Will An Auto Accident Spike My Insurance Rates?

Customers often tell us they aren’t filing a claim with their insurance company because they fear their rates will increase. Fact is, if the accident was reported to police, the insurance company will eventually find out from public record. Also, if the other driver involved in the incident decides to file, it will no longer be your little secret.

 

The answer to the questions is ‘perhaps’. Your insurer considers many factors before deciding to increase your rate, and sometimes it may stay put exactly where it was before your fender bender.

It’s no myth – auto insurance companies indeed DO have a “surcharge schedule”, or predetermined premium increases that occur if you cause a wreck. Key phrase: YOU cause.

 

Factors For Premium Increases:

They take multiple factors into consideration when determining if a claim should result in an elevated premium.

 

  1. Severity of the incident – cost of the claim is often the foremost factor
  2. Driving history – was this your first or second accident? If you haven’t had an accident or ticket in decades, a minor mishap will likely leave you monetarily unscathed.
  3. Age bracket – teens are statistically accident-prone, etc.
  4. Who’s to blame – you shouldn’t have to pay for misfortune. If it’s not your fault, you’re safe.
  5. Your policy’s details – does yours include “accident forgiveness”?

How MUCH Will It Change?

Surcharge amounts vary greatly from company to company, as well as how they determine those rates when a claim is submitted. Many companies follow the Insurance Services Office’s (ISO) standard of increasing a premium by 20-40 percent of your base rate. A base rate is the average rate charged in your state before discounts and other adjustments, plus the insurance company’s claims-processing fee. To break it down, your rate would increase 40 percent for a single-car policy or 20 percent for the first two vehicles on a multi-car policy.

For example, say you insure two cars at a premium of $300 each and the insurer’s base rate is $400. After an accident, you may get a surcharge of $80 (20 percent of $400) on both, so your total surcharge would be $160 — an increase of about 27 percent on the policy.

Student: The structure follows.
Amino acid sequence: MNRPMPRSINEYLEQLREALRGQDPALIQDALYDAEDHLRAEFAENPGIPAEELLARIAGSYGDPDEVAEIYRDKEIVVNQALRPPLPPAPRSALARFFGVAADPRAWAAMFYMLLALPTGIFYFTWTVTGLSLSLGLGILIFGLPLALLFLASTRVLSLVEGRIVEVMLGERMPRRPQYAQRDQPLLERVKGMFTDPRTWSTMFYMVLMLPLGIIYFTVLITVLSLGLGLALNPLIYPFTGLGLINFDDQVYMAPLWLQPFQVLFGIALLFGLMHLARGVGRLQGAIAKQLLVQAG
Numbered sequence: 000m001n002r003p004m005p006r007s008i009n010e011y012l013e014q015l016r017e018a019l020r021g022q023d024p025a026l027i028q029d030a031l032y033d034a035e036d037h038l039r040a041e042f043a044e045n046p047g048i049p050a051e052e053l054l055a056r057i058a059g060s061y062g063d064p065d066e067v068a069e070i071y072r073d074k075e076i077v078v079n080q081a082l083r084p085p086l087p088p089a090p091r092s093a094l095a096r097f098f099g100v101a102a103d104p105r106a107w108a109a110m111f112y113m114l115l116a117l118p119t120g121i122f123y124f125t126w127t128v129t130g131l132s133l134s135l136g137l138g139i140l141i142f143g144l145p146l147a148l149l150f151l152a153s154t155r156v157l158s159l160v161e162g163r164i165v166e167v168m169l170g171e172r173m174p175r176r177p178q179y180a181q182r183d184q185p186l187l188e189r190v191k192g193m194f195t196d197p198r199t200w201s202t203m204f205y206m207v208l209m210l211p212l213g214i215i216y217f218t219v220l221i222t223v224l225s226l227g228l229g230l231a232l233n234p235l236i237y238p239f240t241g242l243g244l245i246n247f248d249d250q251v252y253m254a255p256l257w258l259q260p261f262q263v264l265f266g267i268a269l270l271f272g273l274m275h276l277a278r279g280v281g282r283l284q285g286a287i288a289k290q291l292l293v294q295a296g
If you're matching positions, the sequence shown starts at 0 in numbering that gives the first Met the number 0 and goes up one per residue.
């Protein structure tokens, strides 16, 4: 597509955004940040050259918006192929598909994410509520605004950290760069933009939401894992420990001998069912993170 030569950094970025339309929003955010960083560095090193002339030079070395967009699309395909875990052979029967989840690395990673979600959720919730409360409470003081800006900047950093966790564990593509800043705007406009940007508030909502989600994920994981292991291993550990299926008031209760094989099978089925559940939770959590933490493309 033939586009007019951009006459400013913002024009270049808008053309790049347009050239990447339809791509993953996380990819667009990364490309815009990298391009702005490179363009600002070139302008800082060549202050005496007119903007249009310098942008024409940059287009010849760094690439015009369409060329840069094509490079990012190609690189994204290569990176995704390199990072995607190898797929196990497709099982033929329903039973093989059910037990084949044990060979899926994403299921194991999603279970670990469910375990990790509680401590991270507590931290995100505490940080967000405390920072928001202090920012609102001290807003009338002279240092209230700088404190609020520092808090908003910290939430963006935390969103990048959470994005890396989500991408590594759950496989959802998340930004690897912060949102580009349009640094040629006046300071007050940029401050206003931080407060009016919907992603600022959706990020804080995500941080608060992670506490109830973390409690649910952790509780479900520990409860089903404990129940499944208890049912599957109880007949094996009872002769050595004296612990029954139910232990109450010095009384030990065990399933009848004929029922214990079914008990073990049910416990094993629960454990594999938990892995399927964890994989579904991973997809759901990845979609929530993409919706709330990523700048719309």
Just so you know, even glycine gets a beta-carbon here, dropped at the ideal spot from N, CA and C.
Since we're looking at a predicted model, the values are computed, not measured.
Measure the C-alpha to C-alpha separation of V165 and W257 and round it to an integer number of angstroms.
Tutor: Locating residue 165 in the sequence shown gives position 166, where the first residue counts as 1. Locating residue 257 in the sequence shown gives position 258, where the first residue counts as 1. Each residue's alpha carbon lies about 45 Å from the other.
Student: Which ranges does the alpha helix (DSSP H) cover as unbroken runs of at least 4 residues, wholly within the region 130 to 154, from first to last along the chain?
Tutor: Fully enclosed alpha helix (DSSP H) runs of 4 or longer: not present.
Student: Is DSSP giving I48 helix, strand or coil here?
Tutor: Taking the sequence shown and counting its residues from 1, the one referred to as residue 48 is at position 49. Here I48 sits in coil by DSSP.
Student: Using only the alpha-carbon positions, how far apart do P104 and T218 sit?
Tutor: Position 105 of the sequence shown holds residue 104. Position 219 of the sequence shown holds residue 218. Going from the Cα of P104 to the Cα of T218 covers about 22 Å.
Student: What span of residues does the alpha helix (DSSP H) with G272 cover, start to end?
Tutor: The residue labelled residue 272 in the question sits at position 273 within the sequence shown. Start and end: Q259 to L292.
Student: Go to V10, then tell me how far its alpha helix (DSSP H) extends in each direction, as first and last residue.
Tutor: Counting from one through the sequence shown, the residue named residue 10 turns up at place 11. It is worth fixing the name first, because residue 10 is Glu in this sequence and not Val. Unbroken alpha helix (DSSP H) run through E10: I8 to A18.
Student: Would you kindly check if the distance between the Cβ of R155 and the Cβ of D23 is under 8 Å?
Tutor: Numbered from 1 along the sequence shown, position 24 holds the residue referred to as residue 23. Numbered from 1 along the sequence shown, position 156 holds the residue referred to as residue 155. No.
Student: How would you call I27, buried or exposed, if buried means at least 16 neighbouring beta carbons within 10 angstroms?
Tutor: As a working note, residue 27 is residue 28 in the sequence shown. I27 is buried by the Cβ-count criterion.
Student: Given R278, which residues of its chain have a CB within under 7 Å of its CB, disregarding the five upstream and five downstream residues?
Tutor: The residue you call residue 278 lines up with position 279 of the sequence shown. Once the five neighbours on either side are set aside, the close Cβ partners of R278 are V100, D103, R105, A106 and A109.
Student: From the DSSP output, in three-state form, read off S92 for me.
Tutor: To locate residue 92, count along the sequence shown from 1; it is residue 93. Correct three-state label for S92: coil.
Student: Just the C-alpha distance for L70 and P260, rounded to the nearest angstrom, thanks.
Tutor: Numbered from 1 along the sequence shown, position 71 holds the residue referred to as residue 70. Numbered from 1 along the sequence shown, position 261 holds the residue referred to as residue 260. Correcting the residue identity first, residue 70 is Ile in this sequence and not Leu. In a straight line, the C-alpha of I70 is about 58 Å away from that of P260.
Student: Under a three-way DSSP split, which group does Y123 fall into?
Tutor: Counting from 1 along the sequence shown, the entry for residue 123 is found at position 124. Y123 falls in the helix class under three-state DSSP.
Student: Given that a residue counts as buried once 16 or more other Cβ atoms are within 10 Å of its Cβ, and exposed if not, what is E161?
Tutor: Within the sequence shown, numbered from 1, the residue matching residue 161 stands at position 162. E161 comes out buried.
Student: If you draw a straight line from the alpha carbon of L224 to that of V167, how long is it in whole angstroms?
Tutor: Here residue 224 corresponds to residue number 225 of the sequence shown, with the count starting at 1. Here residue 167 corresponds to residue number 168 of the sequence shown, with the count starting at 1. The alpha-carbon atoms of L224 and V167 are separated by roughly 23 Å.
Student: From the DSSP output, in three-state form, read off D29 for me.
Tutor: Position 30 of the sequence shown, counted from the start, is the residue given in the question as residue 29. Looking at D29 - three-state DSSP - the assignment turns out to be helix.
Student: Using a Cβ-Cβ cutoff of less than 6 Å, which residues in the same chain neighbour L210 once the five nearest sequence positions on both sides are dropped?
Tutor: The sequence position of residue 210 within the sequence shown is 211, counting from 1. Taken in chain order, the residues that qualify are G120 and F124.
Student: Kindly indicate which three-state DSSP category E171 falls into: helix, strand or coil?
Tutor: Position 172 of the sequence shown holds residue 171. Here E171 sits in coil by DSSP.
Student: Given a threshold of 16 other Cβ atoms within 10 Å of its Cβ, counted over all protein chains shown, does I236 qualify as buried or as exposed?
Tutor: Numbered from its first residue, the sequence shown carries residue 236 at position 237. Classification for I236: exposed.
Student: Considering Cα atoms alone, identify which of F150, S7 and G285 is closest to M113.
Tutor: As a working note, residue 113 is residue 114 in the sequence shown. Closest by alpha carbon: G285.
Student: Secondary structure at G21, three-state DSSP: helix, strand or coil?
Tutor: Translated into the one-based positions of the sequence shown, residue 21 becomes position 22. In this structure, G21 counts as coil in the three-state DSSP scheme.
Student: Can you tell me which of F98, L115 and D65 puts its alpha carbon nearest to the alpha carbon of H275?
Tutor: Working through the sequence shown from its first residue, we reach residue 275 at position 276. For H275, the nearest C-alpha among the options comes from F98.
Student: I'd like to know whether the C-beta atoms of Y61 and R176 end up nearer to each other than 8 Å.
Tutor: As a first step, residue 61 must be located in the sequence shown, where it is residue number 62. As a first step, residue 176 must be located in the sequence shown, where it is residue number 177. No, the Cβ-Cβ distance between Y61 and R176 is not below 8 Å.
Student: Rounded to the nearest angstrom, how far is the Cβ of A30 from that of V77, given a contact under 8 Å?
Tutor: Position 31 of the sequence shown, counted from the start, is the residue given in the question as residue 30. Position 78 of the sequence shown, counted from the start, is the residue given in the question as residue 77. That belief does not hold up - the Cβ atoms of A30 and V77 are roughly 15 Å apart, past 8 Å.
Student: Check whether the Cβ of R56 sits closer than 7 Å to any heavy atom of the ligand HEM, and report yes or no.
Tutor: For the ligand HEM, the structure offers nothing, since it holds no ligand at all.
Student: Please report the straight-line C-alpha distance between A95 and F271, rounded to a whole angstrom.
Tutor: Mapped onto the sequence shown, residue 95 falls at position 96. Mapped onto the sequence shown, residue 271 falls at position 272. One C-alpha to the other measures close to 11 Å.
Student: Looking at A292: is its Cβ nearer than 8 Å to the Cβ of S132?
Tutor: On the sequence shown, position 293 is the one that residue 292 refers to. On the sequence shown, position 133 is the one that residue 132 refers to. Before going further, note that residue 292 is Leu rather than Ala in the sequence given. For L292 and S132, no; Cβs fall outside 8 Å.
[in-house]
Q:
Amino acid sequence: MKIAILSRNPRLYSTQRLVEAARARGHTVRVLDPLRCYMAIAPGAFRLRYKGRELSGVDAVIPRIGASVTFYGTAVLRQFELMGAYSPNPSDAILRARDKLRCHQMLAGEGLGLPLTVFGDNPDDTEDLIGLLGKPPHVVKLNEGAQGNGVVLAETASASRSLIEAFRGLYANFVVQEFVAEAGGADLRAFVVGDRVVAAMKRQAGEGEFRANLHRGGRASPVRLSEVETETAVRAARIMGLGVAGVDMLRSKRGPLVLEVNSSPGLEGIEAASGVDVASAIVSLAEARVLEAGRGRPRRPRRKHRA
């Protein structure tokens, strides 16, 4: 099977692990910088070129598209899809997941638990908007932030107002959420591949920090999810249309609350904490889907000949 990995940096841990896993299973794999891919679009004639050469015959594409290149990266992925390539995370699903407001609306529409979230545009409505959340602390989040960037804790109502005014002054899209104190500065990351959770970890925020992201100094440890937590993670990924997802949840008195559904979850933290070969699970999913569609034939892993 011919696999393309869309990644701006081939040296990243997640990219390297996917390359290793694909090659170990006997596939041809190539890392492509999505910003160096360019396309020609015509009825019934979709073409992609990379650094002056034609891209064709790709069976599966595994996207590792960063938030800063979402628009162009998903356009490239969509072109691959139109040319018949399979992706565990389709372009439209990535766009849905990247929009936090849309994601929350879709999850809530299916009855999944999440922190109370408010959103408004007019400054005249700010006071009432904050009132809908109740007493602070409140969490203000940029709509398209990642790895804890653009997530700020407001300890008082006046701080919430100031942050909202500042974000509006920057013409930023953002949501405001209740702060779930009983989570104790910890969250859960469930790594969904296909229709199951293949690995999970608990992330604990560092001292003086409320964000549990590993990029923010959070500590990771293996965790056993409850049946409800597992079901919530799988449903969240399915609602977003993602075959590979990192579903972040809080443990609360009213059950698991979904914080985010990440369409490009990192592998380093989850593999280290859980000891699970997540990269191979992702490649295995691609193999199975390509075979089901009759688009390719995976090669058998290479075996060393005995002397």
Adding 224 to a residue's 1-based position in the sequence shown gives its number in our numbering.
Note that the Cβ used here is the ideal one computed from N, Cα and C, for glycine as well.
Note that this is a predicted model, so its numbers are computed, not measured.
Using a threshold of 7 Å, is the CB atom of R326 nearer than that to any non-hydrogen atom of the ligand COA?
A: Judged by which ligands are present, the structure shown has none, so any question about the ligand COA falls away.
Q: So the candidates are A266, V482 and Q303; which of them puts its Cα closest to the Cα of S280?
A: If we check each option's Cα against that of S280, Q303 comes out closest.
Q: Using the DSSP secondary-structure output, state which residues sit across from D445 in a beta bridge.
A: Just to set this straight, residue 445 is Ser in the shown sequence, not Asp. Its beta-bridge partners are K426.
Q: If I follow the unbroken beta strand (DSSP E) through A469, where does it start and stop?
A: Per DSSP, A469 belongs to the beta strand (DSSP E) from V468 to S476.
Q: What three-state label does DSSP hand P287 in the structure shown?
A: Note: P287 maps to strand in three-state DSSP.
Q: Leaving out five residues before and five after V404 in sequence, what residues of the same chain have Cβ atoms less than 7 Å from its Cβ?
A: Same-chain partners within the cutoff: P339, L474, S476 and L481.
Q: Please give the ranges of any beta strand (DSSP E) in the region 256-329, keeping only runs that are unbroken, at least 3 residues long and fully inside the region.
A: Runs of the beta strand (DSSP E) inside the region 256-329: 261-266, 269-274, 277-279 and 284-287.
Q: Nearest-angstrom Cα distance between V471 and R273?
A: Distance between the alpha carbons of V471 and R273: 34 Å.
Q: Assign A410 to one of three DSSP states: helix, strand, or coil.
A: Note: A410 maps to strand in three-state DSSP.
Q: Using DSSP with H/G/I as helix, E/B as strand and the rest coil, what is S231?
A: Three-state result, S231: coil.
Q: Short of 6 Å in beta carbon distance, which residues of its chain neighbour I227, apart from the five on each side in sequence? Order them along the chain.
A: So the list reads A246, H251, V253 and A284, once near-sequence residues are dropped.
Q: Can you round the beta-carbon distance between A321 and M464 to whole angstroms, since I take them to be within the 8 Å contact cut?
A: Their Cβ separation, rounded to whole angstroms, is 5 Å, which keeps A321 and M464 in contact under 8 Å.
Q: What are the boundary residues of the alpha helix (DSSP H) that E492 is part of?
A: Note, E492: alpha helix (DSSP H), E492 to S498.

Protection Against UNREASONABLE Surcharges

Motorists in Pennsylvania may not be surcharged or have their policy non-renewed if the claim(s) resulting from the accident(s) in the preceding three years do not add up to more than the current threshold amount after payment of any deductible, or if the insurance company is reimbursed for at least 60 percent of the total amount of the paid claim. This threshold applies to any person injured or property damaged. Effective July 1, 2011, the Insurance Department has set the threshold to $1,450.

Inquire BEFORE Buying A Policy

While your policy may seem like a bargain when you’re shopping around, a high surcharge level could send your rate through the roof after an accident. We recommend you inquire with your agent about accident forgiveness and request a copy of its surcharge schedule, also called an “insurance point plan” – before  you buy. Also ask, “If I have an accident within the next year, what would my end result premium be without discounts and how long would that surcharged premium last?” They may not want to answer – you may have to insist. Also, beware! Some companies penalize you for moving violations as well.

Safe Drivers = ‘Safe’ Rates

All things considered, keep in mind that car insurance companies LOVE safe drivers! These drivers save them tons of money every year. It’s when you’re classified as higher risk that these factors come into play. They also love loyal customers. If you’ve had a clean record for 20 years with them, you’ll probably find them being quite fair after a minor accident.

Rate Hikes Are Temporary

If you find your premium spiked after a mishap on the road, don’t worry – it’s temporary. The surcharge will drop after a predetermined length of time, which also varies. (Of course this is contingent on no additional accidents!) But, if your insurance goes up much more than the estimated 20 percent, it might be time to get a new insurance carrier.